Myth or Fact: Horses sleep standing up. The truth lies in survival. Horse physiology has evolved to give them the best possible chance of procreating the species. And yes, that means horses can sleep standing up. They have specific physiological developments that make standing sleep possible. However, not all their sleep needs can be met while on their feet.
Designed for Survival
The horse “stay apparatus” makes it possible for them to stand and enter the lighter sleep stages. It functions in both the forelimbs and the pelvic region. When the stay apparatus is activated, the muscles are bypassed in favor of the tendons, ligaments, and other connective tissue. These tissues require less muscle activity and reduce fatigue.
The stay apparatus fully supports the horse’s weight without collapsing. However, a horse can wake up and move almost instantly because the muscles are already prepped and in position. In the wild, that gives horses a significant survival advantage over their predators.
More Than Standing
All that being said, all of a horse’s sleep cannot take place while standing. Like humans, horses need rapid eye movement (REM) sleep. During this deep sleep stage, the brain becomes almost as active as it is during the day. Vivid dreaming, muscle spasms, and an increase in heart rate and breathing occur.
A temporary paralysis also takes place during this phase, which is why horses have to lay down for a short time each day. If they didn’t, they may act out dreams, collapse, or potentially injure themselves. Generally, horses only need about 30 minutes of REM sleep to maintain their health, but some may spend more or less time based on their individual needs.
Promoting Better Equine Sleep
Though the structure of the equine sleep cycle may be different from humans, it’s no less vital to their health. People need mattresses to get comfortable, and horses have unique sleep needs too. Horses spend anywhere from five to seven hours in a state of rest. Their deepest sleep takes place after midnight.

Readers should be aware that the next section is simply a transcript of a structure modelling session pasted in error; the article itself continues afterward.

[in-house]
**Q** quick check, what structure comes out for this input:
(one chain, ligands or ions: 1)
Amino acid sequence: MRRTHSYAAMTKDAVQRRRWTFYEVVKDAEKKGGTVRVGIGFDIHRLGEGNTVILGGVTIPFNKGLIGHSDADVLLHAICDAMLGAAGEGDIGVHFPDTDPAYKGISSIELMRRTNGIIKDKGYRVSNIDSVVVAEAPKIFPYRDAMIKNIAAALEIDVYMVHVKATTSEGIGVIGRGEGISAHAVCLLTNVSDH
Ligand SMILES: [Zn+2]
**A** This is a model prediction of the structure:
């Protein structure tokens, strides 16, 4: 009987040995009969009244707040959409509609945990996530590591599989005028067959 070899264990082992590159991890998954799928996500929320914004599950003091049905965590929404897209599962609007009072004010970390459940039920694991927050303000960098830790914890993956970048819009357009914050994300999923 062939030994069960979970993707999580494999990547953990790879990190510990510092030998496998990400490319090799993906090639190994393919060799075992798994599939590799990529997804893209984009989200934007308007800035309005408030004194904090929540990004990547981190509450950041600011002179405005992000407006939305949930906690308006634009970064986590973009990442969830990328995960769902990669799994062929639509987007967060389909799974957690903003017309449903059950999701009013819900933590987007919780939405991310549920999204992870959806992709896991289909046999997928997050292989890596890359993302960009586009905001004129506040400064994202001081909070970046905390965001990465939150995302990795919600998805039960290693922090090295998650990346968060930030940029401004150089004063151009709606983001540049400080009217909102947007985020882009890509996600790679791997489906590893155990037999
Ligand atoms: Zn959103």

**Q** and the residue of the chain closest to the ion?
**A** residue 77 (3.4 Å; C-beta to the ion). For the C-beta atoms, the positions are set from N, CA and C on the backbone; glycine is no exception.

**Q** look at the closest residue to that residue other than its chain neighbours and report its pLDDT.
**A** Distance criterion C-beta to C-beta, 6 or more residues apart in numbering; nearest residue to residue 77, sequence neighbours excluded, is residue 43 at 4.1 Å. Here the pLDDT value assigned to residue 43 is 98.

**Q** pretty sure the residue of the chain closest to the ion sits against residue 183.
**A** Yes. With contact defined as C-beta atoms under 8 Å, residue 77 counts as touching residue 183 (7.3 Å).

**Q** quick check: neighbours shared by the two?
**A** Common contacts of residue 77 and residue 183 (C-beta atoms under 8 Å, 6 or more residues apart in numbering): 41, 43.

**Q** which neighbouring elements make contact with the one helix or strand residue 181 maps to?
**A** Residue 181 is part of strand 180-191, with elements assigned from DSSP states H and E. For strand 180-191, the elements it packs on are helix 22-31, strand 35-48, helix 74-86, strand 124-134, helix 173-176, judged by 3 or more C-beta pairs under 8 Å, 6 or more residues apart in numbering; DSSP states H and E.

Standing sleep doesn’t require much more than a safe, undisturbed space. However, for a short period of REM sleep, horses need plenty of room. Corrals or pens should be large enough that the horse can comfortably lie down. If several horses share an enclosed space, there needs to be enough room that one or more can comfortably lie down at the same time. In a herd, the horses take turns lying down to sleep as a survival measure.
Horses can suffer from REM deficiency and drowsiness if they’re not getting enough deep sleep. We’ve already mentioned how lack of space can limit REM sleep, but so, too, can a horse’s position in the herd hierarchy and/or their physical health. Arthritis can make it difficult for a horse to get up and down, for example.
A bedded area, one that’s large if you’ve got several horses, can help with both issues. Horses prone to arthritis can get comfortable while those low in the hierarchy can lie down without disturbing those higher up the chain.
With the right conditions, your horse should be able to get the rest he needs. Think about what you might need to take along when you travel. It could be extra bedding or panels so that he can easily and safely lie down. When you take the steps to make sure your horse is getting good sleep, you’ll be setting both of you up for success.
Samantha Kent is a researcher for SleepHelp.org. Her favorite writing topic is how getting enough sleep can improve your life. Currently residing in Boise, Idaho, she sleeps in a California King bed, often with a cat on her face.